The passing of a family member and brief hospital admission marked my first two months at McGill. (Please keep reading, I promise I won’t regale you with a tale of woe here.) Thanks to an advisor at the Office of Advising and Student Information Services (OASIS), I was able to withdraw from courses or defer exams, finishing my first year largely academically unscathed. My situation was not unique – almost all of my peers have experienced some difficulty that was detrimental to their wellness. After speaking with more students, I realized that I was incredibly fortunate to have accessed and been supported by resources at McGill (OASIS, McGill Counselling, McGill Students’ Nightline). While a variety of on-campus services for student support exist, many students are either unaware of or are unable to access them for a variety of reasons. As a result, some students do not receive support from McGill and the challenges they face significantly hinder their ability to learn. (Read student testimonials here, here and here.) Continue reading Pedagogy x Support: An Up-and-Coming Collab in the Classroom
One afternoon last fall, I went to the washroom in the McLennan Library. Unexpectedly, I heard sobbing coming from one of the stalls. I bent over to look for the shoes that would indicate which stall the sobbing was coming from. I saw the shoes; I also saw a bum in jeans. Someone was sitting on the floor of the stall sobbing uncontrollably. I knocked on the door and asked, “Do you need help?” No response other than more sobbing. I knocked again. This time I said, “My name is Carolyn Samuel. I work down the hall at Teaching and Learning Services (TLS). Can you open the door?” There was no vocal reply, but I heard the latch click. Gently, I pushed the door open. She was a student. She sat sobbing and didn’t even look up when I opened the door. I asked if I could put my hand on her shoulder. She nodded. I was hoping the human touch would provide her with some comfort in what was clearly a time of despair. “Can you tell me your name? Your first name only.” She did. With some coaxing, we went together to my office. She continued to sob. I asked only a few questions. She was an undergraduate student from Toronto. It was her first semester. She felt she was falling behind. She agreed to walk with me to the Office of the Dean of Students. On the way, she stopped suddenly. Still sobbing, she blurted, “I can’t go! I have to be in class now or I’ll fall behind even more!” She was in no condition to go to class. With a little more coaxing, we made it to the Brown Building, where I left her in the hands of the staff at the Office of the Dean of Students.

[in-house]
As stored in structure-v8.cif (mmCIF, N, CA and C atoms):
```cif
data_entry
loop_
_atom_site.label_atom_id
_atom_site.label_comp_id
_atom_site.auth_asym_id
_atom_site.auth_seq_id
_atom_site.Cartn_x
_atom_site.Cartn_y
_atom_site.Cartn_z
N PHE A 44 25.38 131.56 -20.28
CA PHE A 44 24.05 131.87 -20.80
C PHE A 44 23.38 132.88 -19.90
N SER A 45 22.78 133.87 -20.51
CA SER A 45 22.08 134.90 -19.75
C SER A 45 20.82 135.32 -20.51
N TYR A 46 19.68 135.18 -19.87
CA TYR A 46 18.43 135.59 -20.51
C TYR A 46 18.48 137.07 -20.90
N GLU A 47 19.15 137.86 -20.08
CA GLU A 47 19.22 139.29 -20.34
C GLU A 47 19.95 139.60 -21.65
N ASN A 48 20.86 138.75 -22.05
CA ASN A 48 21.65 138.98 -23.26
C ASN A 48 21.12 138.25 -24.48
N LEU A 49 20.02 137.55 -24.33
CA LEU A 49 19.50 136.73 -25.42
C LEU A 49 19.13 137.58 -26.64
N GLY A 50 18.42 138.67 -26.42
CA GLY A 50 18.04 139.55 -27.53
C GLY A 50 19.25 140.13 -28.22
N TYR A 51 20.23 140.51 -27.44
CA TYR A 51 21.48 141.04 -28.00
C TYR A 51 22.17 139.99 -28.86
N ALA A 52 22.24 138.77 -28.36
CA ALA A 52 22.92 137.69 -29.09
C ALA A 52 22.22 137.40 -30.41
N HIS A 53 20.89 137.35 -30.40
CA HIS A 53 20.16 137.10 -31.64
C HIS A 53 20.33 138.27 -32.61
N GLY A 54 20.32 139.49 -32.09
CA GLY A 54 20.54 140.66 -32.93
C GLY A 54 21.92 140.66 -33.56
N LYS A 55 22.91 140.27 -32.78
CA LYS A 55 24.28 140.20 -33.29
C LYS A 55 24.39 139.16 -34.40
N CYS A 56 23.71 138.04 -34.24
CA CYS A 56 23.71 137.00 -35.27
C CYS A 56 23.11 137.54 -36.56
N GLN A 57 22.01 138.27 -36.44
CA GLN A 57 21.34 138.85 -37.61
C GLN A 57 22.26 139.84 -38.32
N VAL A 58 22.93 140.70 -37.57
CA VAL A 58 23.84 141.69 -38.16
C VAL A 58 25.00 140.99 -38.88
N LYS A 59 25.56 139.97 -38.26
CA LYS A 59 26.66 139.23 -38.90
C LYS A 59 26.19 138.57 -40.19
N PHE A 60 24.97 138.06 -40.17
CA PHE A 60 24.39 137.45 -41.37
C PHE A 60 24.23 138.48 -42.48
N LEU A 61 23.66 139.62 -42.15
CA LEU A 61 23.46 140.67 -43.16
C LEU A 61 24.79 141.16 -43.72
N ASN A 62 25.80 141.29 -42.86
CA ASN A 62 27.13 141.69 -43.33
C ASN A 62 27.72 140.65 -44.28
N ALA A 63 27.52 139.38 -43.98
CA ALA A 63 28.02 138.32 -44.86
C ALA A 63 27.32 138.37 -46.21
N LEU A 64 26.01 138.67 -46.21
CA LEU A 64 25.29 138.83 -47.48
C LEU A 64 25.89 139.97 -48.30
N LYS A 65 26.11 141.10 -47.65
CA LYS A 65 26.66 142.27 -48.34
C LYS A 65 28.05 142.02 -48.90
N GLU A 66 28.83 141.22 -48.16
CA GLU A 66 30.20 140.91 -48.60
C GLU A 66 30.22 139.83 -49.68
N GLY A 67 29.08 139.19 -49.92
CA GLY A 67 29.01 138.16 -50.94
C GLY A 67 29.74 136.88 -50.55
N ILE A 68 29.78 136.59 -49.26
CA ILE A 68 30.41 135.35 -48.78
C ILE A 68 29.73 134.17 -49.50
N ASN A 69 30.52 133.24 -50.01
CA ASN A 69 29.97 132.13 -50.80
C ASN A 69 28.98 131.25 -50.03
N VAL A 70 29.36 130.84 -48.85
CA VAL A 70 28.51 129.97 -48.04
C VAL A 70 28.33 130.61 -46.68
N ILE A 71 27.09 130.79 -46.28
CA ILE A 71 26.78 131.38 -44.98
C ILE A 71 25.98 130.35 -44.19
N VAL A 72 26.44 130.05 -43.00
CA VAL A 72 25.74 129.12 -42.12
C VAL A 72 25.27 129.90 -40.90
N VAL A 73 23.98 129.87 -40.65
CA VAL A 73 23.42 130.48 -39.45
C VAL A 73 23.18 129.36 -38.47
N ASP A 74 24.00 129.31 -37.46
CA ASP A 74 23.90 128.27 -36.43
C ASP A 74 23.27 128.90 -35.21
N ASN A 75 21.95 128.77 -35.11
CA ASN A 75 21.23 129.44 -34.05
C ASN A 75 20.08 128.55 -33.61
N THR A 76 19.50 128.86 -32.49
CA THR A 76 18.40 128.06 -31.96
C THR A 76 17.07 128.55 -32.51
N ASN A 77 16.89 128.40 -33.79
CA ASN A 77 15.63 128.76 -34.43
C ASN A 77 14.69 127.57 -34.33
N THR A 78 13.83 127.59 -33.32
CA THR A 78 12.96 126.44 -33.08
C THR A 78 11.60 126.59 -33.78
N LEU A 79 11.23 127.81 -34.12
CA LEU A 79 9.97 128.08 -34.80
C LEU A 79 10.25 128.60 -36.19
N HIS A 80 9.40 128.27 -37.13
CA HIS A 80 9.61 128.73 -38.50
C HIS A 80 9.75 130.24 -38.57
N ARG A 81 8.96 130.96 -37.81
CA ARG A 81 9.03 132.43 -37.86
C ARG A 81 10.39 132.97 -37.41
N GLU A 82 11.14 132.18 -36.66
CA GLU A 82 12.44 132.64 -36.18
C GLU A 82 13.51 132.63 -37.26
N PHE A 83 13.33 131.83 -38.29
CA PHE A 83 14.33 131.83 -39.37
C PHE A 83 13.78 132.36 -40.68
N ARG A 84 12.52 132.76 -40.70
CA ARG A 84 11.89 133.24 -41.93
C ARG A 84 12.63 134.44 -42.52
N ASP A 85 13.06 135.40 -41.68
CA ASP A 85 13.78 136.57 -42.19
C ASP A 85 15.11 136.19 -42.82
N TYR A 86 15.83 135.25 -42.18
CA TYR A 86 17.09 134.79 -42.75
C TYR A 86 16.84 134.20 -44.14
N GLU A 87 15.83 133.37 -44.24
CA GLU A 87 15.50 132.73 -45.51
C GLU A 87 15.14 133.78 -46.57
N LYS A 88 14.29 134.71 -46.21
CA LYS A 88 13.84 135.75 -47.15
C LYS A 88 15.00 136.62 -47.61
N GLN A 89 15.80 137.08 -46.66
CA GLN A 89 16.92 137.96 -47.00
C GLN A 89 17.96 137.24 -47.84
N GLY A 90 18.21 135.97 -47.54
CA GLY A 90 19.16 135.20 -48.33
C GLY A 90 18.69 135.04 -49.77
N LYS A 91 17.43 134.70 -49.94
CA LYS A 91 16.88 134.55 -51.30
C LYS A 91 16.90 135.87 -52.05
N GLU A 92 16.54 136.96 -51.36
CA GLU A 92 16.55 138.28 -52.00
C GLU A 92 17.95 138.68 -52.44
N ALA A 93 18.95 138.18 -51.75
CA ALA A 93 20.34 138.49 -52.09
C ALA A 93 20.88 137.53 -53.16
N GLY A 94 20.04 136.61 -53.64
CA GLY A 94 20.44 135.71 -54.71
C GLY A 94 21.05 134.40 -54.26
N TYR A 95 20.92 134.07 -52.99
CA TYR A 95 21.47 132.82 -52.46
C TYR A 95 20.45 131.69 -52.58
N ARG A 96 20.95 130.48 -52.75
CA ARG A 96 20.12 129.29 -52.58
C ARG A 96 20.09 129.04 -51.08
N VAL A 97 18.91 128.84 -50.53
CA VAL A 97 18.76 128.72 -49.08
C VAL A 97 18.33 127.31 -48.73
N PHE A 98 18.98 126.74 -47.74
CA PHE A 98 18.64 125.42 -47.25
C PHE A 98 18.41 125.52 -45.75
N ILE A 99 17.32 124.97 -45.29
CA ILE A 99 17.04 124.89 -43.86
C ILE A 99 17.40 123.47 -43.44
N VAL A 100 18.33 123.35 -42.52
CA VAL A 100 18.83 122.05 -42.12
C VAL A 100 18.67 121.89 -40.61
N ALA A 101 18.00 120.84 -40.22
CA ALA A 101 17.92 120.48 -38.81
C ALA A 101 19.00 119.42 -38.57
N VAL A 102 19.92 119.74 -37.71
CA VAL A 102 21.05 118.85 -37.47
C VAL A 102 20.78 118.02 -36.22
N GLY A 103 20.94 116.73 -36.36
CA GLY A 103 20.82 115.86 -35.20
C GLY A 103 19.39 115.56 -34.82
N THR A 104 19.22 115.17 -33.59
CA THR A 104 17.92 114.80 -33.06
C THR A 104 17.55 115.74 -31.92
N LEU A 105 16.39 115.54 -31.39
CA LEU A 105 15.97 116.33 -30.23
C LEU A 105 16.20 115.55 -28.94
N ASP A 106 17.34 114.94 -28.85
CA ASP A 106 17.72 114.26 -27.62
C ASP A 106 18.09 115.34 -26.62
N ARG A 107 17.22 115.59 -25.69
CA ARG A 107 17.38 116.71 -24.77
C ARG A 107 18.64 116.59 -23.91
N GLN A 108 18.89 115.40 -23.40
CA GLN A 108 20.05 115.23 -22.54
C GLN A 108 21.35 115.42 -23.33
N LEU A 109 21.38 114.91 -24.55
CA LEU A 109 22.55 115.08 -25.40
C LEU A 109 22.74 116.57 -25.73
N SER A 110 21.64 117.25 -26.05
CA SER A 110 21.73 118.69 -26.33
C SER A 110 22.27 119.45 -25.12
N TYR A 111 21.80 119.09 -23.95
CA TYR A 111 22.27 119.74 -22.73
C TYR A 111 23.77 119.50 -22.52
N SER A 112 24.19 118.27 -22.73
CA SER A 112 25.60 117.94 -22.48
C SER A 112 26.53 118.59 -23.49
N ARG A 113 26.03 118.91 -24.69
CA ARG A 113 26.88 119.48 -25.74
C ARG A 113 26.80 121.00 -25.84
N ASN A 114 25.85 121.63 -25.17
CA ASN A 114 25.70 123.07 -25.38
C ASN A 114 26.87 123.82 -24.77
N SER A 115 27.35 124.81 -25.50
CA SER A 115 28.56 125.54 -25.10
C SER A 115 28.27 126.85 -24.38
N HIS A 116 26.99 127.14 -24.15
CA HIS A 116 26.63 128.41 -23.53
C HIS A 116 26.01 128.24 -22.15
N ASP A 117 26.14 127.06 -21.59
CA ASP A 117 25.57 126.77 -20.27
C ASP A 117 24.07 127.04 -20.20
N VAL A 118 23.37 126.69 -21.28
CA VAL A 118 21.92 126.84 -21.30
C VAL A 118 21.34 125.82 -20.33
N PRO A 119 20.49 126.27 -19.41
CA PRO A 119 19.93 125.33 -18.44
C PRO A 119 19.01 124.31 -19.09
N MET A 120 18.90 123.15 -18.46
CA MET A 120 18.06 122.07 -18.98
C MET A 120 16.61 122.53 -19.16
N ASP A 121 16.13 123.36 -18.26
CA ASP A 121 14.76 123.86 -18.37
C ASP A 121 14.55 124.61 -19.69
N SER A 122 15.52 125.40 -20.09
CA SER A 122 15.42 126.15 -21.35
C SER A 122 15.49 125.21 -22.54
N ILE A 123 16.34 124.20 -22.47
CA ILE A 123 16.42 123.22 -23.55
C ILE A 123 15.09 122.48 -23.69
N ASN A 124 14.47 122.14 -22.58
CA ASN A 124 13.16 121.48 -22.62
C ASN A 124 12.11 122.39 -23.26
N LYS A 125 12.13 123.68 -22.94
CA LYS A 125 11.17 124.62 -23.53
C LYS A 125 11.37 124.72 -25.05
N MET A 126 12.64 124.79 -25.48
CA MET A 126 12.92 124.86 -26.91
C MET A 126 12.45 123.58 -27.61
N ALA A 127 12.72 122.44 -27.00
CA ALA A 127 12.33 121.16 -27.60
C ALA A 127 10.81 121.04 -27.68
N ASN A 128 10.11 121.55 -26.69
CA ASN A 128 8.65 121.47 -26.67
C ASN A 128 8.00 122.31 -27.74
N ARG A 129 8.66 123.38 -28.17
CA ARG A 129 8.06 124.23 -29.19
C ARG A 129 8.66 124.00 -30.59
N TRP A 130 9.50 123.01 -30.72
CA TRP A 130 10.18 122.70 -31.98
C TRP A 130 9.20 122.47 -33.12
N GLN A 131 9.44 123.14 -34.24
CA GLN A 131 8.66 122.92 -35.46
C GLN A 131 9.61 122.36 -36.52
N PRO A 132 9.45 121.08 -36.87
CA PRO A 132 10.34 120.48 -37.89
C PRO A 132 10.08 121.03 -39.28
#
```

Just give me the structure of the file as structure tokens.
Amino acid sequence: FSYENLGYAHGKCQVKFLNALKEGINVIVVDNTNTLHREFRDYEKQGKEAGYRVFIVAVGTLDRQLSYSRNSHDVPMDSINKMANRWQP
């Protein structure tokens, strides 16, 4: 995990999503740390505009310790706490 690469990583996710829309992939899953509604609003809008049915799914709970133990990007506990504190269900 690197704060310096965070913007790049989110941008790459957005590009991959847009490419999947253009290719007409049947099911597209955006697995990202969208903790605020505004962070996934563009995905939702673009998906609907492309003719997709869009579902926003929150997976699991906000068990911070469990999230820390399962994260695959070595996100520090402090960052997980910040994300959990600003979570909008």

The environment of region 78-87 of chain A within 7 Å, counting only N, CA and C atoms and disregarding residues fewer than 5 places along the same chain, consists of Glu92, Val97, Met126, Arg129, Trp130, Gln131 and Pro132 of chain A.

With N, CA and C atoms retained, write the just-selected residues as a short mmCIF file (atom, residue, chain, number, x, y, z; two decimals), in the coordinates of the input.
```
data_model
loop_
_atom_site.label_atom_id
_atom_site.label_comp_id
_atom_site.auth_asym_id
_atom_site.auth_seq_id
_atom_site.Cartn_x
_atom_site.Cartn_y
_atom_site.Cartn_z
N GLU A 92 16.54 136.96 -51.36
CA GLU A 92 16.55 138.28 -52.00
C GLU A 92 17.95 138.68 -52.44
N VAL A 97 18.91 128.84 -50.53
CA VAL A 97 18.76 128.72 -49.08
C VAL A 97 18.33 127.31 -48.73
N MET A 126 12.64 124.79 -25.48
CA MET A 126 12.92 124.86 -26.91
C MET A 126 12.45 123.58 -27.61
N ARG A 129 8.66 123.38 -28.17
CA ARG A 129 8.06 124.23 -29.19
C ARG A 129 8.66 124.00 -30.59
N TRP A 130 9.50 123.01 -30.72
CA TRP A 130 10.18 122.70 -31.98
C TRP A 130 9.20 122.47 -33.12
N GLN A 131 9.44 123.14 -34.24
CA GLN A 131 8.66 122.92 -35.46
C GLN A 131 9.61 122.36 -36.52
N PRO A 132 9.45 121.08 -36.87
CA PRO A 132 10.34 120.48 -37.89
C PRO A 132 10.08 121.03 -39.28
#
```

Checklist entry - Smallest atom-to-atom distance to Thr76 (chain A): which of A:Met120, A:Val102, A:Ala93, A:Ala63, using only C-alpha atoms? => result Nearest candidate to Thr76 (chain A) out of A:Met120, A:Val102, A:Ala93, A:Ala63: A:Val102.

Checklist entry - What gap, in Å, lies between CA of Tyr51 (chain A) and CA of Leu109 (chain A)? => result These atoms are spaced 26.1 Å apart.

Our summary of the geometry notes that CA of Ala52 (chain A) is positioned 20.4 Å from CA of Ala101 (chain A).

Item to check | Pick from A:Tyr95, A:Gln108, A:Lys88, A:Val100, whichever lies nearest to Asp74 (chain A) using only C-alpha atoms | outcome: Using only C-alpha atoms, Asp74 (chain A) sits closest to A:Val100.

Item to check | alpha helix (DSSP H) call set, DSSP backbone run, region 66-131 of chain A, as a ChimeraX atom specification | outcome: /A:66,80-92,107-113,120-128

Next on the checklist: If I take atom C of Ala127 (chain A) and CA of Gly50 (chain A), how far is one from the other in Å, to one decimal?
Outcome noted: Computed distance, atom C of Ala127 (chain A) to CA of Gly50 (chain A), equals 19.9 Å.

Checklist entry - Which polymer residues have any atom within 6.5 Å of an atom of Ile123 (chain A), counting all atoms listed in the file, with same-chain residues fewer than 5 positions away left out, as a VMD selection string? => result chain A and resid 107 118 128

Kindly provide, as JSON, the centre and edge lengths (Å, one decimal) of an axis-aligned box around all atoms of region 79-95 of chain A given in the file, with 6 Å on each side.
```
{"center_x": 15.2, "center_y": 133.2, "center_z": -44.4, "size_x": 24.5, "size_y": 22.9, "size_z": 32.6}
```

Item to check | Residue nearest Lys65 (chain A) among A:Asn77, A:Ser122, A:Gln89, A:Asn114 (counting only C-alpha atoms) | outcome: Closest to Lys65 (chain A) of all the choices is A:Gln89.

Have you ever thought about what you would do if you found a student in distress on campus? If you’ve never thought about it, you probably should. Continue reading I came upon a student in distress